The Dow milestone means little to long-term investors: Advisors

As the Dow Jones industrial average flirts with the 20K milestone in the Trump rally, financial advisors are yawning.

"It is just a number," said Allan Katz, a certified financial planner and founder of Comprehensive Wealth Management Group in New York. "The fundamentals of your investments as they relate to your goals and the economy is what we need to focus on."

Investor sentiment has increased sharply since the election. (See chart below.)

However, market enthusiasm is not at the level seen at the height of the dot-com bubble or the last housing boom, said Charles Rotblut, vice president of the American Association of Individual Investors and editor of the AAII Journal.

"The new highs are Mr. Market's way of compensating investors for all the volatility. It shows the value of staying allocated to stocks no matter what's going on," Rotblut said.

He noted that for the patient, buy-and-hold investor, the Dow has returned nearly an annualized 11 percent over the past five years.

Stick to your plan

A new Dow high shouldn't change your financial plan.

"There is no particular significance to a Dow milestone such as 20,000. As the economy grows and corporations do as well, eventually we will hit 25,000, 30,000, etc.," said Burton Malkiel, a renowned economist, author of the indexing classic "A Random Walk Down Wall Street" and chief investment officer of Wealthfront, a robo-advisor.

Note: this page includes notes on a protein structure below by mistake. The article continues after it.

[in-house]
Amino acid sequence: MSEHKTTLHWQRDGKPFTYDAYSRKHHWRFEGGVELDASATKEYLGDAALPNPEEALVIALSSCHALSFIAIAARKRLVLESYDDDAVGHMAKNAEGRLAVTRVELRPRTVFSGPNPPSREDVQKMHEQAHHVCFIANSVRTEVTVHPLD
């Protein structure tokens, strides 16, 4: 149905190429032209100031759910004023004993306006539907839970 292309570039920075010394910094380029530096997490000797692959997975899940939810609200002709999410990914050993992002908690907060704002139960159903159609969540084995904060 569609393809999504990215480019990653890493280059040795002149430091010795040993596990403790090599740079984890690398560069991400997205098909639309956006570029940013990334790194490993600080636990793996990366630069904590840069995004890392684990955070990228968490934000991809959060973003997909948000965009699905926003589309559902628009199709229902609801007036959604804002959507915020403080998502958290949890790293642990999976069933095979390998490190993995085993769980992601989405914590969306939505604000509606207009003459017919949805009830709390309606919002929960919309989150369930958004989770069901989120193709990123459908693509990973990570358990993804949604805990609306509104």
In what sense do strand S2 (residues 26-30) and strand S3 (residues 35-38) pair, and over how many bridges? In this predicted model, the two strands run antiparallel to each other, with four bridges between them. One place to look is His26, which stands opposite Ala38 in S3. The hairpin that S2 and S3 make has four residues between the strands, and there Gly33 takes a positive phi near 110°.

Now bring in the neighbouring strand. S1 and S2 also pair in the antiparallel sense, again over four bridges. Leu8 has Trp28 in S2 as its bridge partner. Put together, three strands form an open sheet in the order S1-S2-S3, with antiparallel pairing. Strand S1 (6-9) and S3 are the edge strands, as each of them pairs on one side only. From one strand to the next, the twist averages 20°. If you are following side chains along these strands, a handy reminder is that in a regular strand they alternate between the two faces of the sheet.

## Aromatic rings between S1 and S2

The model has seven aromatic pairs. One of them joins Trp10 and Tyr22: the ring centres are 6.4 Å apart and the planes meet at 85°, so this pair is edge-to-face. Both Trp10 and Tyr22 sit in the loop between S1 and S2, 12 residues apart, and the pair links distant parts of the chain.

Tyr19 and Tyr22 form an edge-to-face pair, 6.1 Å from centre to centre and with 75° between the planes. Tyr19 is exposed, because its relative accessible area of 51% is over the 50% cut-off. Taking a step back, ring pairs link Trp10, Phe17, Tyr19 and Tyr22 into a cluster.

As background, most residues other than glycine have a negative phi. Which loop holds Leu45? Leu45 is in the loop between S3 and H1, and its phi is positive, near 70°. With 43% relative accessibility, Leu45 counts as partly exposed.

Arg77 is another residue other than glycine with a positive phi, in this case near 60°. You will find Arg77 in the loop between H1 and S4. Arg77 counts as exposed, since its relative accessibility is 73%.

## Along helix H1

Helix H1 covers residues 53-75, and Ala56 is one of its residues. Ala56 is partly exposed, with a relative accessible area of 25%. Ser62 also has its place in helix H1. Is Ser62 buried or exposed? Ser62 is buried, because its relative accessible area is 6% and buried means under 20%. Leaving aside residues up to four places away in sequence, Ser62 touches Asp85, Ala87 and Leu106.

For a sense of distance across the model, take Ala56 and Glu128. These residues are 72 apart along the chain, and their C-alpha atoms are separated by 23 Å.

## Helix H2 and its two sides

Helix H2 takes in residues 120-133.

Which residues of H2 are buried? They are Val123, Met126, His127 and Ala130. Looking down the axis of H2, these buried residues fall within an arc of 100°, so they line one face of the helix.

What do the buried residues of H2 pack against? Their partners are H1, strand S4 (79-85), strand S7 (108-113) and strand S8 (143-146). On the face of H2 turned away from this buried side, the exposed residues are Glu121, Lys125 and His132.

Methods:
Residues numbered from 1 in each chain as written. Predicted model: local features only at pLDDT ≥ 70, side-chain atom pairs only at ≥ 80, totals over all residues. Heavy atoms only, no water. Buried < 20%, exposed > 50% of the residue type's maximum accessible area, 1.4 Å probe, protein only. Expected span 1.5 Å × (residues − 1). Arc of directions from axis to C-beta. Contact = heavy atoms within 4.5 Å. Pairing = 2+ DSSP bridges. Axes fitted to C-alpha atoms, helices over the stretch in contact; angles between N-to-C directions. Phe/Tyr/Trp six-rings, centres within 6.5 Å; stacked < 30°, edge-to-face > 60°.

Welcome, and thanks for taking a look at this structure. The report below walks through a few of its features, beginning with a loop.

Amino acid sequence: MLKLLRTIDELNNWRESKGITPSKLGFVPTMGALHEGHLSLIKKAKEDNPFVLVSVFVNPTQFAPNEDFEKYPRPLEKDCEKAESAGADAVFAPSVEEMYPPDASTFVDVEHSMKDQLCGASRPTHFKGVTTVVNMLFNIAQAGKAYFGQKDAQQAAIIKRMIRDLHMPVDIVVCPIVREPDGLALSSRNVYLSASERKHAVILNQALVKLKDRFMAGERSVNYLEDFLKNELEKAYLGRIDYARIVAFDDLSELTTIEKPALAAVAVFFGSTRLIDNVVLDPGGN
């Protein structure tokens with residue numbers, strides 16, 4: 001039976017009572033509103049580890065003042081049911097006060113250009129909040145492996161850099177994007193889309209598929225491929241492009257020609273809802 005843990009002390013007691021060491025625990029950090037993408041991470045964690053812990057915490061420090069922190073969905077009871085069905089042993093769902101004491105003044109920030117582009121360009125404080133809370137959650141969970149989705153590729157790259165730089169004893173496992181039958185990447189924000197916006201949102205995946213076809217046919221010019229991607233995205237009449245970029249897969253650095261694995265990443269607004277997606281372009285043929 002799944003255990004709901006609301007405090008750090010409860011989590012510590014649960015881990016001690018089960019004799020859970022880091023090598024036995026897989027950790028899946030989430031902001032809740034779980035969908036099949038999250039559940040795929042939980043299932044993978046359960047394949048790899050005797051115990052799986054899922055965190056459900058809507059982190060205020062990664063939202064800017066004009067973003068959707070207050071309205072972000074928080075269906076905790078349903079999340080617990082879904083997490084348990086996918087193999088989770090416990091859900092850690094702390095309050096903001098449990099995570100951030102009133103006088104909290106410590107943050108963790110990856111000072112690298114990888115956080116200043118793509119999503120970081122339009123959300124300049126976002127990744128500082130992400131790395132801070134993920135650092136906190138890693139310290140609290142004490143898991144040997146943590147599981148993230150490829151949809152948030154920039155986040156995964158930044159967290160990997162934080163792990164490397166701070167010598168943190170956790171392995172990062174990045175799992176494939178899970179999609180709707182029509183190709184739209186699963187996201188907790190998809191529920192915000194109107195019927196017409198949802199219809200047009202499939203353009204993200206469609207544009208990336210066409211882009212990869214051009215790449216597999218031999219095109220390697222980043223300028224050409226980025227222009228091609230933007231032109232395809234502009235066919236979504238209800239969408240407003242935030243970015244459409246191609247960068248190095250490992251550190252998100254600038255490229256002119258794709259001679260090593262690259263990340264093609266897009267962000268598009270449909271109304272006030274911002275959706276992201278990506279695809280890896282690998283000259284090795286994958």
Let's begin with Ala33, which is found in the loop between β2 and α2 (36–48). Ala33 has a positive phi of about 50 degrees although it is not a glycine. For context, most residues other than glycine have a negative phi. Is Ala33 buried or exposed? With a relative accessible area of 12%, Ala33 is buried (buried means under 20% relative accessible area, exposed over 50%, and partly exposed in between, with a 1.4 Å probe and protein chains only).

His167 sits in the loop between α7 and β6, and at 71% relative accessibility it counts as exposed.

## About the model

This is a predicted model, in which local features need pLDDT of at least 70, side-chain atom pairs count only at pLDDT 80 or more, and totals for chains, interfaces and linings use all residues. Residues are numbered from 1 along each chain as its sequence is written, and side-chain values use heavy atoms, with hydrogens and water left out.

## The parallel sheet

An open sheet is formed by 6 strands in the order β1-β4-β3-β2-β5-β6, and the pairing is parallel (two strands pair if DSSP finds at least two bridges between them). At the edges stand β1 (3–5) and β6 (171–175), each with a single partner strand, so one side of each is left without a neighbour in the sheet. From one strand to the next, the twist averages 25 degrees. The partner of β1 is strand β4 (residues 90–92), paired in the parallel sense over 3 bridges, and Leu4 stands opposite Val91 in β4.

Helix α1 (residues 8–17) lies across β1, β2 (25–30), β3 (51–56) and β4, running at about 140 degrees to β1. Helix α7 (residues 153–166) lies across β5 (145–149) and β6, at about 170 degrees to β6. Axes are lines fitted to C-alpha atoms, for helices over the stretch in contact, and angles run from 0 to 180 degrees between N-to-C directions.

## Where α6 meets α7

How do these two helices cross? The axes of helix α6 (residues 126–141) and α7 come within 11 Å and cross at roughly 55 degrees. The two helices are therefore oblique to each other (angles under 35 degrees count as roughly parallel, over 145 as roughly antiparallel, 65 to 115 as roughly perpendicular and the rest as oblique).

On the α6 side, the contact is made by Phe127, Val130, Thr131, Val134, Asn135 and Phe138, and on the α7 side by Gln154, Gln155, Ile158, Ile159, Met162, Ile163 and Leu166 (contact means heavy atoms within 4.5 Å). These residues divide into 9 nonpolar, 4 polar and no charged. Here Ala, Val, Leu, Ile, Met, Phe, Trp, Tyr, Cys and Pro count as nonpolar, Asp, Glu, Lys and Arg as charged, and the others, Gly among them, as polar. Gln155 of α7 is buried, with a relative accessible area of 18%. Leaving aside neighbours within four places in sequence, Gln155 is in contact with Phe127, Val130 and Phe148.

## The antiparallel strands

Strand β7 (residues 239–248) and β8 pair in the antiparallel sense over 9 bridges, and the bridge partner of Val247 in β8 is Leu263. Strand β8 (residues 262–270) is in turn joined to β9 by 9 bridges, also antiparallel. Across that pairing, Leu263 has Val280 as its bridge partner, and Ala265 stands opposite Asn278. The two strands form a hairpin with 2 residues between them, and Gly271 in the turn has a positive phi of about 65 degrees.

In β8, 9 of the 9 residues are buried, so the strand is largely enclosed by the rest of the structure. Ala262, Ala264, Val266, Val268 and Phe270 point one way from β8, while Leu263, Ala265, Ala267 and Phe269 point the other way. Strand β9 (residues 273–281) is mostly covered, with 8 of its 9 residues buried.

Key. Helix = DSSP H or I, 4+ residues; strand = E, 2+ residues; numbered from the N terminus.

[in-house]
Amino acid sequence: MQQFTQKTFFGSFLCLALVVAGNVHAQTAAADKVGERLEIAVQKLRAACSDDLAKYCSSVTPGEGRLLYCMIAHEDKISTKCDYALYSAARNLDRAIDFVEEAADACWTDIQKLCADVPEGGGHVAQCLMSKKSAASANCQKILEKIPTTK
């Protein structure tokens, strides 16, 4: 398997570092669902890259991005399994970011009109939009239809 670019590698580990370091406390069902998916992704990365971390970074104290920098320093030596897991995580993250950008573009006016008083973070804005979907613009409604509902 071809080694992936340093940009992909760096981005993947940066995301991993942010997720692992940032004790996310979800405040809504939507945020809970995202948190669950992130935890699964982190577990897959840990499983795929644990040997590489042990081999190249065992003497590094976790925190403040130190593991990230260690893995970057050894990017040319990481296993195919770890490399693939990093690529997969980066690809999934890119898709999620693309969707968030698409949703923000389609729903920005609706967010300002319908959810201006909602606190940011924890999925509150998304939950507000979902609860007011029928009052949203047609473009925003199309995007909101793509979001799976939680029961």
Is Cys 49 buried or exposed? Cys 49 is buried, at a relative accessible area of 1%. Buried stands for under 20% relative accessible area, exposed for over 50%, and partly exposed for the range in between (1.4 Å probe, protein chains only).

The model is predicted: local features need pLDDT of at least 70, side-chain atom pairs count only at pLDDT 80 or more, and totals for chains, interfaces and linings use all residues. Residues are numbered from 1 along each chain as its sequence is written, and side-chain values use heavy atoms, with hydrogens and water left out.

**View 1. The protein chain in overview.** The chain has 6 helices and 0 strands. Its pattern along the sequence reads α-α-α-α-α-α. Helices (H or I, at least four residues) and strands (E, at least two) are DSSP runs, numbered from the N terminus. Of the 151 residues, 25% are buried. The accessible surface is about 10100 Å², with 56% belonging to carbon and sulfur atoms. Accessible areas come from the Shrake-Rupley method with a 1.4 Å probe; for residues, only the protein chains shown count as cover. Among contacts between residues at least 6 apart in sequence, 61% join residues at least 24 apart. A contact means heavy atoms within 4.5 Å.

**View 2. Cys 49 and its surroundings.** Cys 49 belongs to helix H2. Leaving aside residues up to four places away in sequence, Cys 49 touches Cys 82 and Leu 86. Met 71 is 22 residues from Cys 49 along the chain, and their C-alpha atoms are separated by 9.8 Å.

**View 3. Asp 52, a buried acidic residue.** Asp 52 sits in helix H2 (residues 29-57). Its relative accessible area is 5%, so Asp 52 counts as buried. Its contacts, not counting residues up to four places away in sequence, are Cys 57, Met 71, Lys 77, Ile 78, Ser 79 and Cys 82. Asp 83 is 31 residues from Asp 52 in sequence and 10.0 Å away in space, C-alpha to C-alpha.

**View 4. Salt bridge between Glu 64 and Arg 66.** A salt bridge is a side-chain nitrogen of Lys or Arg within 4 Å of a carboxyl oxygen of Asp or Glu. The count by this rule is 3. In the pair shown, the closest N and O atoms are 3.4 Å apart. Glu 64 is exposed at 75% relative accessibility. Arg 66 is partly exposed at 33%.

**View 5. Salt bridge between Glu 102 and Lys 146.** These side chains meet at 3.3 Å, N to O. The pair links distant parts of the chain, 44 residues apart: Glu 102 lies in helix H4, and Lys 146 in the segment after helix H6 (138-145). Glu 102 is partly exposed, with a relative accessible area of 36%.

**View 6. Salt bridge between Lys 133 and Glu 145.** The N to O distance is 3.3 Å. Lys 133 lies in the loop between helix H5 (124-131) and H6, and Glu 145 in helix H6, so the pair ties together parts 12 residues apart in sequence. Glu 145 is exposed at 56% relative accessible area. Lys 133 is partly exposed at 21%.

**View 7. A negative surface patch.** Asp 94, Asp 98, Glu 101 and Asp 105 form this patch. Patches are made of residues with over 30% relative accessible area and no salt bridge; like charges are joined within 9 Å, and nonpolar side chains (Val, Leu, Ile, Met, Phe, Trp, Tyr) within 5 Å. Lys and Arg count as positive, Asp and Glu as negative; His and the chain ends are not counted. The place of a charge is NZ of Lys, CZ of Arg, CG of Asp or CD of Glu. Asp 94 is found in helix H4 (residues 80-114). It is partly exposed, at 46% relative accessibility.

Malkiel said investors should stay broadly diversified, be sensitive to the tax efficiency of their portfolios and keep costs low.


Rebalance if needed

Now comes the hard part. If you are worried about more volatility ahead or that your portfolio has drifted too far for its target allocations, it may be time to rebalance.

Rebalancing is the sometimes painful process of selling assets that have appreciated and buying ones that have fallen in value. It forces investors to sell high and buy low. That can be especially hard to do when enthusiasm is high.

"It's virtually impossible to get investors to rebalance to a more conservative portfolio at the peak of a true bubble," said Ryan Poage, a CFP in Kansas City, Missouri. "The next bubble won't be using the price-to-eyeballs ratio like dot-coms used when the Dow hit 10,000, but there will be some other silly measure used to justify paying foolish prices."

Rotblut of the AAII recommends investors be systematic about their approach to rebalancing. He reviews his portfolio twice a year and rebalances if assets have gone 5 percent above or 5 percent below their target allocations.

"I wouldn't rebalance just because the market is hitting a milestone," Rotblut said. "However, given how much stocks have risen since the election, I think it's OK for investors to do it before the year ends."

Correction: This story was revised to clarify that the Dow is approaching 20,000.